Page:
Friday, September 30, 2016

More Deutschefreude

Frankly if the market is going to puke on one stupid bank that was just as shitty months ago when nobody cared, it's a really stupid market.

Which, of course, is nothing new when the market is moved by a bunch of cokeheaded 25-year-old snowflakes of the suburban petit-bourgeoisie.


Dan Davies - Deutschebank 'splainer. Cos dumb-ass cokehead Wall Street snowflakes need some good 'spainin':

Hedge funds moving excess derivatives collateral or prime brokerages is … hmm, it looks like this explainer needs an explainer.

Basically this is surplus cash that hedge funds have which isn’t invested, or surplus treasury bills that they don’t need to pledge against their trades, but have hanging around in their collateral account anyway. Big hedge funds always have more than one prime broker, and they’re always moving their surplus around. It’s pretty much zero cost to shift it away from a bank that’s in the headlines and it allows you to tell your boss or your investors that you’re doing something.

But because these balances are so volatile, they’re basically unusable by the bank as a funding source. The excess cash is just invested in cash, the excess securities aren’t re-pledged or borrowed etc. The business is, frankly, garbage for the bank, not worth having except that it’s part of the service provided to a big client. No real funding for Deutsche has been pulled, so far, only excess balances.

[...] If I saw corporate, retail or payments system accounts being moved, I’d worry, because these balances very much are part of the funding of Deutsche Bank’s business, and they do rely quite a lot on “behaviourally stable funding” (basically, in an overnight transactions account, it’s a different set of dollar bills every day, but the aggregate amount across the whole book of a big provider of transactions accounts is surprisingly stable). So far, nothing there.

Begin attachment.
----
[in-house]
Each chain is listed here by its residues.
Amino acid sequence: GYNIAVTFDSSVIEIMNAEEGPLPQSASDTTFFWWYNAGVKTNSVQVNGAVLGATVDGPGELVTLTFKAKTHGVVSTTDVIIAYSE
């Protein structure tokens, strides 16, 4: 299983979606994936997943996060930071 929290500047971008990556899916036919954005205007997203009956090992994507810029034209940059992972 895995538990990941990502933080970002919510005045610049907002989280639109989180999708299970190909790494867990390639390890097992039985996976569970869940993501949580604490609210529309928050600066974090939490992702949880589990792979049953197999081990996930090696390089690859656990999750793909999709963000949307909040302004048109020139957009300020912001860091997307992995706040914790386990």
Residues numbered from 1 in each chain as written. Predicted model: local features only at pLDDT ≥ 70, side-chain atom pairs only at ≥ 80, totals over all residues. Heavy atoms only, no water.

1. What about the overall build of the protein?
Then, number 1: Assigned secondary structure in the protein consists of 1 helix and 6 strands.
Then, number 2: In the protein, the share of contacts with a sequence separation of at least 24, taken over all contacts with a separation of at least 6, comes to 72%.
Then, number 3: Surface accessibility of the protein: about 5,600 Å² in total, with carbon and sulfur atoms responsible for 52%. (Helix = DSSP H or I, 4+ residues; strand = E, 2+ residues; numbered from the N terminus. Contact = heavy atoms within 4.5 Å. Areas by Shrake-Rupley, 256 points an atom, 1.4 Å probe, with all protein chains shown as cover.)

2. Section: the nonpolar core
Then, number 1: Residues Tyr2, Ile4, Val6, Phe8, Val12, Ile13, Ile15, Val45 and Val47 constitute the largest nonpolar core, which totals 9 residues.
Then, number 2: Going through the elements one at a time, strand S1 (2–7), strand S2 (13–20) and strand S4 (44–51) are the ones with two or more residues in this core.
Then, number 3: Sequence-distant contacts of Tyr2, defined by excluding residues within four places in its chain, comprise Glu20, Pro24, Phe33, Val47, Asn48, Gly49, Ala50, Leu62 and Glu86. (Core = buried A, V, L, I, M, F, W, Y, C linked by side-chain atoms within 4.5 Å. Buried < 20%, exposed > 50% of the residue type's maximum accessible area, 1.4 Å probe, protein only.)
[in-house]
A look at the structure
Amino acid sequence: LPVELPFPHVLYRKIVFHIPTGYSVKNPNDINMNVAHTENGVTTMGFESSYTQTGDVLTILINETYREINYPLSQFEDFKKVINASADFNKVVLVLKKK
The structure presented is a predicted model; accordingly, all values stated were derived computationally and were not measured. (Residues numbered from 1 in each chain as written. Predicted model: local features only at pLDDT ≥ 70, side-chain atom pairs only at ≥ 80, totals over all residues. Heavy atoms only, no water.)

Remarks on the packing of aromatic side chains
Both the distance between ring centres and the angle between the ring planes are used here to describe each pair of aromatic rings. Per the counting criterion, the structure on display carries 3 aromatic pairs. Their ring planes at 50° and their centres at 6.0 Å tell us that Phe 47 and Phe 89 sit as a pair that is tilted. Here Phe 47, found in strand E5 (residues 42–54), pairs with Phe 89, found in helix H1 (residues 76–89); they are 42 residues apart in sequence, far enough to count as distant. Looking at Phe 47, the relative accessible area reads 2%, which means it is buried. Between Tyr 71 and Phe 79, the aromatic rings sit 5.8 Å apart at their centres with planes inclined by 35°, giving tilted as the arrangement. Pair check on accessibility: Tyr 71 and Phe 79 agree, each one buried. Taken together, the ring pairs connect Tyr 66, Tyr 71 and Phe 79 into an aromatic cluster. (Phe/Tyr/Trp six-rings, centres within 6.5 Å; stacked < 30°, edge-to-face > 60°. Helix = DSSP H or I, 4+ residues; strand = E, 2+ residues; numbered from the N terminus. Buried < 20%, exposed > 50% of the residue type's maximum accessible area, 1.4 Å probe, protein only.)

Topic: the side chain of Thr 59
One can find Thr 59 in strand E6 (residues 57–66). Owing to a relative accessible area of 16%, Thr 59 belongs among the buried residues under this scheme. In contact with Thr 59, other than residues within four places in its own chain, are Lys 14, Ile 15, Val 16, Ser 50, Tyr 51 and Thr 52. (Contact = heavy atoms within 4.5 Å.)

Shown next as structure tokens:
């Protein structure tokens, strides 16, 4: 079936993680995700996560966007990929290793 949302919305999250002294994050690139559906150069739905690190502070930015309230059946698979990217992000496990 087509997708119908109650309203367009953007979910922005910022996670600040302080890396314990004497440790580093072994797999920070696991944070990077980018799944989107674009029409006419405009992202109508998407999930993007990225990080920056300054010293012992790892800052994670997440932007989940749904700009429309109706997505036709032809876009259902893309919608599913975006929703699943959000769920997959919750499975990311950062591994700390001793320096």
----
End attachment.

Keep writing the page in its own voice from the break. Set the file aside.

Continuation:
In Lehman Brothers, the accountants’ joke was true: “On the left side of the balance sheet (assets) nothing’s right and on the right side of the balance sheet (capital) nothing’s left”. That’s not the case in Deutsche. The uncertainty, substantial as it is, all relates to the right-hand side of the balance sheet. The capital might not be sufficient, and the equity might be impaired by a big charge for DoJ fines. Both of these threats come from somewhere other than the left hand side of Deutsche Bank’s balance sheet (one of them is, literally, a number chosen by a regulator, which rather starkly points out how not “out of control” the situation is compared to 2008). If you are a secured creditor — which is to say, someone who looks not to the quality of Deutsche Bank, but to the quality of the individual collateral placed specifically with you — you’ve not seen anything in the last six months to particularly change your mind.

Finally, Deutsche isn’t Lehman Brothers and it isn’t 2008. There are so many more ways for a bank to get hold of short term liquidity than a broker-dealer, and so many more ways for a bank to get hold of short term liquidity in 2016 than there were in 2008. And the global network of central bank swap facilities now means that if Deutsche can fund in Euro, it can fund in any major currency of the world. This matters because in Euro, all of the collateral concessions and facilities created by the ECB for the benefit of small Italian and Greek banks are also available for Deutsche. I am actually finding it hard to think of any asset of Deutsche Bank, now that it has sold the Cosmopolitan Resort & Casino in Las Vegas, which couldn’t be pledged at the ECB for funding.

So don't believe the anti-western FUD that Vladimir Putin pays Daniel Ivandjiiski to publish at Zerohedge. The world's not going to end: Deutschebank is just going to crumble into a smoking ruin.

Kinda like Berlin in 1945.

Those wacky Germans love repeating history.

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